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Monday, September 17, 2012

{Blog Tour} Guest Post: Resa Nelson, Author of the Dragonslayer Series

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GUEST POST:

Read Between The Lines by Resa Nelson

My mission as a novelist is for every novel I write to focus on a female hero who is smart, strong, and courageous. My goal is to write novels that are loaded with twists and turns because I never want my readers to get bored – instead, I want to keep them on the edges of their seats! It’s perfectly fine with me if people read my novels just for fun. But I also try to make my books meaty for readers who want more.

For example, my Dragonslayer series came about because a co-worker propositioned me – and he was a married man with two young children! I wanted to write a short story to help me deal with my feelings of anger and hurt and feeling duped and betrayed by someone I had once admired and trusted. I thought about the different ways I could write about what had happened to me, and the idea I liked best was to write a story set in a medieval fantasy world of dragons. What if my main character is a female blacksmith? I thought. What if she’s responsible for making swords and other weapons for dragonslayers? Wouldn’t that mean that if her village had to hire a new dragonslayer and he propositioned her that she would feel pressured to do what he wanted? Wouldn’t she feel that if she didn’t do what he wanted that she’d put everyone in her village at risk? But doesn’t she also have the right to protect herself and make her own decisions?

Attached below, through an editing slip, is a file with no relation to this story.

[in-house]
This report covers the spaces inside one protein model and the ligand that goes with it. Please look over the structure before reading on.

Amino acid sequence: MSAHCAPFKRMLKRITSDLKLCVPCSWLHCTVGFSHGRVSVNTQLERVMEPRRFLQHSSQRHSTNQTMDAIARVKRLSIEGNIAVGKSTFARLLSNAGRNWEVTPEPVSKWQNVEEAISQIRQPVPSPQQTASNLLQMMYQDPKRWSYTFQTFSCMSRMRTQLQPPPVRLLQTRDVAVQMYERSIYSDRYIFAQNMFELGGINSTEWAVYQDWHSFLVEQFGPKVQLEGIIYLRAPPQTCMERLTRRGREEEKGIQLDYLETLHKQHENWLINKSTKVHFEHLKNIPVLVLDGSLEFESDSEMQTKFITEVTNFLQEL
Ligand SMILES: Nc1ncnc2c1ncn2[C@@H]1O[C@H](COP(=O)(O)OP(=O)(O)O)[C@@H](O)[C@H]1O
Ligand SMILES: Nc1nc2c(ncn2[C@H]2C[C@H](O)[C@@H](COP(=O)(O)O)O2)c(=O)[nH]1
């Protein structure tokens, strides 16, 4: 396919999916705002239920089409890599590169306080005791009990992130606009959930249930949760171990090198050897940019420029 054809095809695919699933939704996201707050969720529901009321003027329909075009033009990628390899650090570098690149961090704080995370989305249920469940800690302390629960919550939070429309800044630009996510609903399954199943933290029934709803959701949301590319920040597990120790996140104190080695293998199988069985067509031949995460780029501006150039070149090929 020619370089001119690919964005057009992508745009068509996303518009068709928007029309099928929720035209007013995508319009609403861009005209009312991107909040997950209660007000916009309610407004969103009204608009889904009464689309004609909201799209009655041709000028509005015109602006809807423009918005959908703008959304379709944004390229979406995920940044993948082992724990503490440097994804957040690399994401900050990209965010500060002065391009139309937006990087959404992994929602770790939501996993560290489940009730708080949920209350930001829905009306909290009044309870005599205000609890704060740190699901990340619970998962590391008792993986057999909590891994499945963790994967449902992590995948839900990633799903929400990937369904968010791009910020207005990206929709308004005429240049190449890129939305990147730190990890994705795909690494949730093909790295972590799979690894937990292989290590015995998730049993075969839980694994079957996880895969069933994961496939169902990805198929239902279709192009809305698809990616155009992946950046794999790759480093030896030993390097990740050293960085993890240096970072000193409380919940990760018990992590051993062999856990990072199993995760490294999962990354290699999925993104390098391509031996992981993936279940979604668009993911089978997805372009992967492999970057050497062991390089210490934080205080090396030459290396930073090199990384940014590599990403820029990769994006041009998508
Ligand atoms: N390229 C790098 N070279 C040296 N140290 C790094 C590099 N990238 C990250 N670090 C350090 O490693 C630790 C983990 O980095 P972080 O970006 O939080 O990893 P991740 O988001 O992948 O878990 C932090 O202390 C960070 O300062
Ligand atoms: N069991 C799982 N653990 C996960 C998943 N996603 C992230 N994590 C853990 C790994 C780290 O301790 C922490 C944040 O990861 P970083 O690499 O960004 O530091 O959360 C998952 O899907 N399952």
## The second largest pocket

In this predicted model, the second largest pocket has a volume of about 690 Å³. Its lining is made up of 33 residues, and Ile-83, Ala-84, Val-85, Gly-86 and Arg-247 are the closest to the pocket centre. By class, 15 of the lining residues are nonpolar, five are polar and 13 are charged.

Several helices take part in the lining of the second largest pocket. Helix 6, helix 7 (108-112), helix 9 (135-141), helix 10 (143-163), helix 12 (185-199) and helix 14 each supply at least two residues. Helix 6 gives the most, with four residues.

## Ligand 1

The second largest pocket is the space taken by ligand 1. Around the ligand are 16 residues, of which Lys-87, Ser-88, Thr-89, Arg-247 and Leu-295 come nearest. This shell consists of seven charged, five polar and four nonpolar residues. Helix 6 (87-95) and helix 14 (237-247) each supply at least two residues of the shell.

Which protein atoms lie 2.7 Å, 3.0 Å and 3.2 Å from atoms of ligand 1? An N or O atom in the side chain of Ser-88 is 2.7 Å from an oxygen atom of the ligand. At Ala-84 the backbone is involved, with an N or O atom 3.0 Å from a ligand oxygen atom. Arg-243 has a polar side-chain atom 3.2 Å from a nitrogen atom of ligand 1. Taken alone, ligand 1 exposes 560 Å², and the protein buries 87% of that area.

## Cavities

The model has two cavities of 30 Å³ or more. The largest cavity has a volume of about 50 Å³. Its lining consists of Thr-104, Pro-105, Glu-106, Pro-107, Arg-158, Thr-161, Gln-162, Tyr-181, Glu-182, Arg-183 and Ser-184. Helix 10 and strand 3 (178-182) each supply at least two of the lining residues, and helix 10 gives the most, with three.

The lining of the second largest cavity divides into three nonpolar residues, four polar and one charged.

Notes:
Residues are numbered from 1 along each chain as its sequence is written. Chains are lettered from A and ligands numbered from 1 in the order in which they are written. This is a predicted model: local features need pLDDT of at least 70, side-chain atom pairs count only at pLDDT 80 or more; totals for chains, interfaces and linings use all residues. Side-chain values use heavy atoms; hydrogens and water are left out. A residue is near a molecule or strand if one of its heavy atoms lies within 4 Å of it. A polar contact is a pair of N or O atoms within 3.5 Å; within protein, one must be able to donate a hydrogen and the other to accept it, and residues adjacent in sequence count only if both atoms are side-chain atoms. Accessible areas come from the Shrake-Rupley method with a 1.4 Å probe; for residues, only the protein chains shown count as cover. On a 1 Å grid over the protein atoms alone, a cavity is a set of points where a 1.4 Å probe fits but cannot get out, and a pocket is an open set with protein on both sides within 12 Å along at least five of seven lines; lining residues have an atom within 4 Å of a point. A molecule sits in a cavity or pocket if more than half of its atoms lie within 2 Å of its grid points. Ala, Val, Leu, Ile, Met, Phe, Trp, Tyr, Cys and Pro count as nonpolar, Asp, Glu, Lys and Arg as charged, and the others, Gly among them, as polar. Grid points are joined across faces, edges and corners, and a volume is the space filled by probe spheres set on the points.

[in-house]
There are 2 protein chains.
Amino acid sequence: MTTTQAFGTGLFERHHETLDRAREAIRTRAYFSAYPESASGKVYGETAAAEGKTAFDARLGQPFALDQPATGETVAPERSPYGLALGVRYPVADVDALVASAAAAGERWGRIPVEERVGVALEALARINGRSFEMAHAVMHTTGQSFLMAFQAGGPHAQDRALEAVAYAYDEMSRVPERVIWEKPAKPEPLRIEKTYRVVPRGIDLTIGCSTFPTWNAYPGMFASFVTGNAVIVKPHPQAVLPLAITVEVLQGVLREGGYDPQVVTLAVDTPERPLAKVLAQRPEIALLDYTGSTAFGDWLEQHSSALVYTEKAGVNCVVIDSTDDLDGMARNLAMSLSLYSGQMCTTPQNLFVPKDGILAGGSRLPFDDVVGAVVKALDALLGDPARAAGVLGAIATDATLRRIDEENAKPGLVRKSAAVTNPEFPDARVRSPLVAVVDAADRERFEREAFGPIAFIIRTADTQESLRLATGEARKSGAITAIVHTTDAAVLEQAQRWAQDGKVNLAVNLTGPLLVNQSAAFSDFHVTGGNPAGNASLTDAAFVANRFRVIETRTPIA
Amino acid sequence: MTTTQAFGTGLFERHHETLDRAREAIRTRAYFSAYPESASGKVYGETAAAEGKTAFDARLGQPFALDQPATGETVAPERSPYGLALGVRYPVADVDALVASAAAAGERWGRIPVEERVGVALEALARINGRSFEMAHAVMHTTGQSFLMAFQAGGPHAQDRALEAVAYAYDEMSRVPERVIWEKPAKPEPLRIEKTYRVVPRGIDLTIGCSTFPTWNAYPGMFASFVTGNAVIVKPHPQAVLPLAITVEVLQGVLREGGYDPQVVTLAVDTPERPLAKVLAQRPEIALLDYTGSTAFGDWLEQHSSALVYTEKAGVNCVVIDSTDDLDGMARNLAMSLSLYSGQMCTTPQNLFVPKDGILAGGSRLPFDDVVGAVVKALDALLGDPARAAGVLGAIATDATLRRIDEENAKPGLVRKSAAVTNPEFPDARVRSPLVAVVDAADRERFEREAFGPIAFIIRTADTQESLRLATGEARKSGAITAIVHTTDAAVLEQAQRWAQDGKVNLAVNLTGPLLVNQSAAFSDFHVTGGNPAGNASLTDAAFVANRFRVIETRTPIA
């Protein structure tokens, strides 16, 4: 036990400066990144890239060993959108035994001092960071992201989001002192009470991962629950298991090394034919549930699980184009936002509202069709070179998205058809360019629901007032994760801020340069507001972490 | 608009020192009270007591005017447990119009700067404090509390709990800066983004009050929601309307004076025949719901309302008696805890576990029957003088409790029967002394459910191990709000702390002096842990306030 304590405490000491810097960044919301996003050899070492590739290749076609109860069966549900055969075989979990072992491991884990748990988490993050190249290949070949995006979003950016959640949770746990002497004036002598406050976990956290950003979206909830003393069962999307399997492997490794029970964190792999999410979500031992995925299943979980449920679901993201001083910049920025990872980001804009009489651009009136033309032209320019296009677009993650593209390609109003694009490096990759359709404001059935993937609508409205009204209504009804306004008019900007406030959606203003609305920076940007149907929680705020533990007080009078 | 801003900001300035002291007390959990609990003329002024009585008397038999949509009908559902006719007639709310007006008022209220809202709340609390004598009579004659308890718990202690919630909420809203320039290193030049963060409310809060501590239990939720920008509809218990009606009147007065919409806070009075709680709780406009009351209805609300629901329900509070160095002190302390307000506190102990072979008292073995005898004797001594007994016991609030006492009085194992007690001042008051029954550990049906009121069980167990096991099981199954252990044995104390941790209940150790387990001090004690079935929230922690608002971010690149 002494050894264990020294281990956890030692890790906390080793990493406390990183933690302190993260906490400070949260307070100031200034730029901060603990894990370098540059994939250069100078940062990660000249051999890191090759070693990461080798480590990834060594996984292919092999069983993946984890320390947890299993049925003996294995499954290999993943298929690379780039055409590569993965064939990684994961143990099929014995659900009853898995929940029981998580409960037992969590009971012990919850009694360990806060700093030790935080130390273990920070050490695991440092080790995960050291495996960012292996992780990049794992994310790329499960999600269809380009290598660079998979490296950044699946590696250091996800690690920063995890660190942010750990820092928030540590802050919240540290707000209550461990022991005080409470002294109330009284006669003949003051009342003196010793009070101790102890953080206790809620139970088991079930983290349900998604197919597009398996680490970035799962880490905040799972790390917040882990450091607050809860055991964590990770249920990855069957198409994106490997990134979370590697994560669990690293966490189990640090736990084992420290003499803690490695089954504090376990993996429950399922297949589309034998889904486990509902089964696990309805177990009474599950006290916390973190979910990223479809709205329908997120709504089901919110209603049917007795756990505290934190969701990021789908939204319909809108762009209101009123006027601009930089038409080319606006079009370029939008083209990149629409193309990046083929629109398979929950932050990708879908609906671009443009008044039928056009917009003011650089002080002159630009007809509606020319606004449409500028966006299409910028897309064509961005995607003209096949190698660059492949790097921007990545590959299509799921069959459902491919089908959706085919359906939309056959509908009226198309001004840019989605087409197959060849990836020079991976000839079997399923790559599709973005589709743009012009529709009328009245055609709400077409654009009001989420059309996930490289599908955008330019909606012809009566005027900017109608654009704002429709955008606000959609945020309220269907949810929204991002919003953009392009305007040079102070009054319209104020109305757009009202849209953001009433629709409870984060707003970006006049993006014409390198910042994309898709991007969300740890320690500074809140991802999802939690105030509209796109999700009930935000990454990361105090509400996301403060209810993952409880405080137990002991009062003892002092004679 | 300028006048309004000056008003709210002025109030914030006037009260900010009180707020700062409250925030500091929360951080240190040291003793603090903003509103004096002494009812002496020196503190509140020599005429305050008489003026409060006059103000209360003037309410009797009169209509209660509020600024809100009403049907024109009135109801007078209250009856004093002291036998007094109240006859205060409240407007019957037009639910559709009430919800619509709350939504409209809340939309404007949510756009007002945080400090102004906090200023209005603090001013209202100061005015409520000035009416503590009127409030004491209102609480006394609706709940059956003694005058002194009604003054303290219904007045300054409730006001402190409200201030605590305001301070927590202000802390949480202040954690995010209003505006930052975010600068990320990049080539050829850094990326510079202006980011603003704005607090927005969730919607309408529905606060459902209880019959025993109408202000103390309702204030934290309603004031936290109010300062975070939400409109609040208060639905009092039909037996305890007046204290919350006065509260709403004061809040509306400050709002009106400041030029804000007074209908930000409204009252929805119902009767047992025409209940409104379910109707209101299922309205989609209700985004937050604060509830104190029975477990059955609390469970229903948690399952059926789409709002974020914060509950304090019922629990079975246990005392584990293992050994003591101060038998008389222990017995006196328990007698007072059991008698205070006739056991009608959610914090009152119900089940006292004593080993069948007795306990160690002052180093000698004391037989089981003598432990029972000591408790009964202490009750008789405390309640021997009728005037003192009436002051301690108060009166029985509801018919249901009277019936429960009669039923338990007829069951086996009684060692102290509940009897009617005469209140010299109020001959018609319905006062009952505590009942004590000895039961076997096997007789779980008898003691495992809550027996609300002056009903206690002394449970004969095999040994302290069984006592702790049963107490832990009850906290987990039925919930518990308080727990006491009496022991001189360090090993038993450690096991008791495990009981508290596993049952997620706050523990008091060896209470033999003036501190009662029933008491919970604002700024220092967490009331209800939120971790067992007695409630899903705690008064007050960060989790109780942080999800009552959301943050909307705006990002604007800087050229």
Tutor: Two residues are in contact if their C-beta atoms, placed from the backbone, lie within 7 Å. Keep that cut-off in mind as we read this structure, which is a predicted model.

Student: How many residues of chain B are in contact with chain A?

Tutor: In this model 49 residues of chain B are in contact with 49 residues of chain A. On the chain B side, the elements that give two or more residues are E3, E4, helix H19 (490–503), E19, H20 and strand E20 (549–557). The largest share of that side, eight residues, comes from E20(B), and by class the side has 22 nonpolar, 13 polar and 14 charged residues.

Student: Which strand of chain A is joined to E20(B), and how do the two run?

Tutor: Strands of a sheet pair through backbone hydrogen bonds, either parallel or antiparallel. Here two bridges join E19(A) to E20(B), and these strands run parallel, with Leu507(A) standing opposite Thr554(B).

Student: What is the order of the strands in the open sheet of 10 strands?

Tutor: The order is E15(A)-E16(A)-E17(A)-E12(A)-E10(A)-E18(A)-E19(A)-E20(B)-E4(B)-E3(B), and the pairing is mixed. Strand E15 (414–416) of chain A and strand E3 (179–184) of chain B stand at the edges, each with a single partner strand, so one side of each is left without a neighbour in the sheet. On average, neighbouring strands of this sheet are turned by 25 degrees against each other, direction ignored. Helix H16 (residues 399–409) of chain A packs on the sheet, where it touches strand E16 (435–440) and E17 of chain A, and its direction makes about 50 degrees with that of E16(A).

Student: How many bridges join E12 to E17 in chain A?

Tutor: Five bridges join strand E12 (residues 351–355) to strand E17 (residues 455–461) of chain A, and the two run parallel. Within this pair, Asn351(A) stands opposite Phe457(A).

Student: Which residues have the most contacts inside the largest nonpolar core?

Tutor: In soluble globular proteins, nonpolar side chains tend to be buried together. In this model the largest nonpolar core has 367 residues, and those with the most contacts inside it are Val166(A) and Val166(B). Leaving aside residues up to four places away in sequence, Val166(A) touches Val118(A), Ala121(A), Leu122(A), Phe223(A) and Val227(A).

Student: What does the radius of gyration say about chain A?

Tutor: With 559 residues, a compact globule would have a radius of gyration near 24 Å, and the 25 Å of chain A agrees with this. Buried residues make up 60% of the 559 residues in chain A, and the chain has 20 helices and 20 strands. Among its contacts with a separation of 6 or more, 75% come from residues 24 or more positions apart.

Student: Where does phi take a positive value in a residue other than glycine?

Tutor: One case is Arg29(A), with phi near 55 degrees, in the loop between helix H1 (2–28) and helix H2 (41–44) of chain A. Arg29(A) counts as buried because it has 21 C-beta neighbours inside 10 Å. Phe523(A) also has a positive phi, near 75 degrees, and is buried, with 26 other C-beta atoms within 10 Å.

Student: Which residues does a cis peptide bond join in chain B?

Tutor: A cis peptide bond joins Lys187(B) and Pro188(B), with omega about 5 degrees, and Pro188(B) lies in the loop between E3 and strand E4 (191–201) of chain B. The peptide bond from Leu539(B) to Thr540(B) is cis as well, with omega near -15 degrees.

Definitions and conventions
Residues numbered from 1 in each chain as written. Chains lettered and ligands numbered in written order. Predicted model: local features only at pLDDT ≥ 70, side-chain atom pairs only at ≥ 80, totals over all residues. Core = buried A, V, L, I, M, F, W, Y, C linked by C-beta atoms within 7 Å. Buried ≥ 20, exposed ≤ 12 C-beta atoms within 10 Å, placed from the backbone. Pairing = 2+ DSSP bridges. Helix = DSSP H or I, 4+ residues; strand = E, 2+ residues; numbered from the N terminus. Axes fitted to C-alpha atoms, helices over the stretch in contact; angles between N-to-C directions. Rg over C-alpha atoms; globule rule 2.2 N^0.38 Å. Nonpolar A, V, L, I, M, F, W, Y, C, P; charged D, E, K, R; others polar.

Those are the questions I wanted to address in writing the short story, and when it was published the readers’ response was so strong that I decided to expand the story into a novel and then into a 4-book series. Ultimately, what I wanted to say in the short story was that because you are the only person who has ever lived inside your own skin, you are the only person qualified to make your own decisions – and no one has the right to pressure you into doing something you don’t want to do. When I expanded the story into a series of novels, I changed my message a little bit. The point of the novels is every person has the power to decide who they are in life – and once you become an adult, no one has the right to tell you who or what you should be or do as long as you’re not hurting other people.

I try to be clear by making clear statements about the power to decided who you are in each novel in the series. But I believe there’s one thing readers can do to see beyond the fantasy genre and into the heart of any novel. And that thing was one of the most difficult and painful lessons of my own life:  the way to tell when someone is lying is to compare what they say to what they actually do. If someone does exactly what they say they’re going to do, they’re telling the truth. But if what they actually do isn’t what they tell you, they’re lying. The same thing applies to characters in novels.